iSimangaliso’s research and wildlife celebrities
30 Oct 2017
Social and natural science research within the iSimangaliso Wetland Park forms a vital component of the Park’s reservoir of data, trends and information, assisting management functions within the World Heritage Site. At the end of 2016 there were 130 registered projects dealing with subjects across marine, terrestrial and social spheres.
One of these is the annual Panthera Leopard Survey run by Dr Guy Balme in collaboration with the iSimangaliso Wetland Park, Ezemvelo KZN Wildlife and Wildlife ACT. Commencing in 2015, the fourth annual survey is well underway on the Eastern Shores section of iSimangaliso Wetland Park. The survey incorporates the use of camera traps located at strategic points and well-used ‘animal highways’ in the Park. Thousands of images are collected through the automatic triggering of the high quality, custom-built cameras which are placed on either side a road or track to obtain visuals of animals from both sides. Such material is extremely useful in revealing the unique patterns and characteristics of each animal, enabling researchers to accurately identify the individual animals and draw conclusions about behaviour and range.
According to iSimangaliso’s Manager Development and Planning, Nerosha Govender: “Although resilient in the face of human pressure, leopards have suffered a significant reduction in abundance and range. For such a ubiquitous species, remarkably little information exists on the demography and status of leopard populations. Such baseline data is critical to inform management activities and to evaluate the success of management decisions. This is part of the South African Leopard monitoring program, a joint venture between Panthera, SANBI, and provincial conservation authorities, which tracks the status of key leopard populations around the country in order to identify threats as well as to understand the drivers of leopard population change. The results from Panthera’s Leopard Project has already informed a number of policy changes that have benefitted the regional leopard population ensuring that viable populations of leopards are protected. The South African Leopard Monitoring Project continues to fulfil its mandate to provide robust data on leopard population density and trends, which will inform conservation policy and management.”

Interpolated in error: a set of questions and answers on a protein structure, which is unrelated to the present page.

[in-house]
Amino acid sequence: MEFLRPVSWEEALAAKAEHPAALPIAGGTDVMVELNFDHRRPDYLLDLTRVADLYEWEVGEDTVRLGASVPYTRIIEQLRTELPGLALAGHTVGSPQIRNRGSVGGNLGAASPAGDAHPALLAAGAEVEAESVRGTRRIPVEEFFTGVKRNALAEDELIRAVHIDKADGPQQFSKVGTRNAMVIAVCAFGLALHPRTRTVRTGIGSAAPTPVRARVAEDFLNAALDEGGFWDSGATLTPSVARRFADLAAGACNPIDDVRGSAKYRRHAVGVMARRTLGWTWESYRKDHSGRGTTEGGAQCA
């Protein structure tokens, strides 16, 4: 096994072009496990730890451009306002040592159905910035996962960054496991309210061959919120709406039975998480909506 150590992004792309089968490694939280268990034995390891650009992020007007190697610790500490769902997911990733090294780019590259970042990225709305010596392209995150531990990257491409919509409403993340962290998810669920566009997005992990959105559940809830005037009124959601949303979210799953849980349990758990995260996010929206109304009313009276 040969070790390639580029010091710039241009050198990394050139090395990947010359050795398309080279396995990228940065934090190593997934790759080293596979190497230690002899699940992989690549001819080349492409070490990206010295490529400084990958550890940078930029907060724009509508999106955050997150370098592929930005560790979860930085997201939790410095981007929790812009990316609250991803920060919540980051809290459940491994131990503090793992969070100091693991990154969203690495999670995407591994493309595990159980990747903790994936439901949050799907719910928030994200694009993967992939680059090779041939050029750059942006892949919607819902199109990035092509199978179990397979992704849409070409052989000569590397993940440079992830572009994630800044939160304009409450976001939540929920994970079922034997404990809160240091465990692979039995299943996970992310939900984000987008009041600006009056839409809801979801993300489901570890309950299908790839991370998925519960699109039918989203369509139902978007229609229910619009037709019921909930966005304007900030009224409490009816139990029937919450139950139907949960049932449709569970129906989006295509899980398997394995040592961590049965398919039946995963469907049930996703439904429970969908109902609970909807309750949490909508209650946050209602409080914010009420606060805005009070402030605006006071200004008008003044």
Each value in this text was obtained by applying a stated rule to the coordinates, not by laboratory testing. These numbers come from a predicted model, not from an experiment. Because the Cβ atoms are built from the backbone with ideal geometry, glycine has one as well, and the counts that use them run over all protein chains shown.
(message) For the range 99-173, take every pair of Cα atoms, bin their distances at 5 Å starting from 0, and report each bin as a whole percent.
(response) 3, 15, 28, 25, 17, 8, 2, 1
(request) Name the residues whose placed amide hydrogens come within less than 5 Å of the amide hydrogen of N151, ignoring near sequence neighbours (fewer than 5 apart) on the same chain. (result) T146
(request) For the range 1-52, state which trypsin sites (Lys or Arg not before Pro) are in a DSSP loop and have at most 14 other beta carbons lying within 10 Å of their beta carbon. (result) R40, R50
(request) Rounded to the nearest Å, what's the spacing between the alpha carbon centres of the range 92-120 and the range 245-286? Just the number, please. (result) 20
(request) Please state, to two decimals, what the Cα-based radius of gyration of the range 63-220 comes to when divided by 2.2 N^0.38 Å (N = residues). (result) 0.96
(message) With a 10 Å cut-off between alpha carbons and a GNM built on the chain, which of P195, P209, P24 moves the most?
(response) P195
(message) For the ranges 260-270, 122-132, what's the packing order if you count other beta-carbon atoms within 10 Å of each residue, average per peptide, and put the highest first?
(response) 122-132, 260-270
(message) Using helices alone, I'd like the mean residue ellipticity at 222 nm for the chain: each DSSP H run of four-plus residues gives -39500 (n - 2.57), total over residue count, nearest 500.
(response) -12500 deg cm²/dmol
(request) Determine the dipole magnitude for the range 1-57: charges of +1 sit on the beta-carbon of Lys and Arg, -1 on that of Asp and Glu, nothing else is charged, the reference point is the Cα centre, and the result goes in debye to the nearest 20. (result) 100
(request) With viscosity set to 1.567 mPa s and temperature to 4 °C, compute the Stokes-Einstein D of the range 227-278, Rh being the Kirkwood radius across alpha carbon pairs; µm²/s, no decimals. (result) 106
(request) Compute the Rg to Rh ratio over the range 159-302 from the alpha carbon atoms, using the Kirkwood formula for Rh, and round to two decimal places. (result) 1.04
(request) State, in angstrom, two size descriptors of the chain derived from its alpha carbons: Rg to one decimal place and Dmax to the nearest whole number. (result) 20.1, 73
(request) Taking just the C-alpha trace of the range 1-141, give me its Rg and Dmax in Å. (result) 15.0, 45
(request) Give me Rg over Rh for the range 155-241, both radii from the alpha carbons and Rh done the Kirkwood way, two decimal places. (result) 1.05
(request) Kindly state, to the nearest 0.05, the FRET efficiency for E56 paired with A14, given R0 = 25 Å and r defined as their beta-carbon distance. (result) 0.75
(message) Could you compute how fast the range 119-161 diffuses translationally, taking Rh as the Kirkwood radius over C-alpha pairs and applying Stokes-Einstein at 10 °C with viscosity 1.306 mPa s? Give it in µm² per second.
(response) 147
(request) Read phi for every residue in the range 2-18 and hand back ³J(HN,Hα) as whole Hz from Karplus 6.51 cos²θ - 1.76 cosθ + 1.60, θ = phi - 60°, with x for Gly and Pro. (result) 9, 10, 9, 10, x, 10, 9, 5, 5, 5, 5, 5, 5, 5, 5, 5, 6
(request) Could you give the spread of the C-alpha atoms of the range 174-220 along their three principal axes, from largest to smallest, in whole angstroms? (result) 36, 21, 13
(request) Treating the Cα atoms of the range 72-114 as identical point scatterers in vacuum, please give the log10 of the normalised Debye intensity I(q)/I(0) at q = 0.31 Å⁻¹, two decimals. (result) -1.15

So, if you’ve seen one of these cameras attached to a pole or tree and wondered what it is for – it’s a vital piece of monitoring equipment that helps us to learn more about our Park and its residents!
For media enquiries and photographs contact Slie Msweli on +27 79 6320 363 or firstname.lastname@example.org.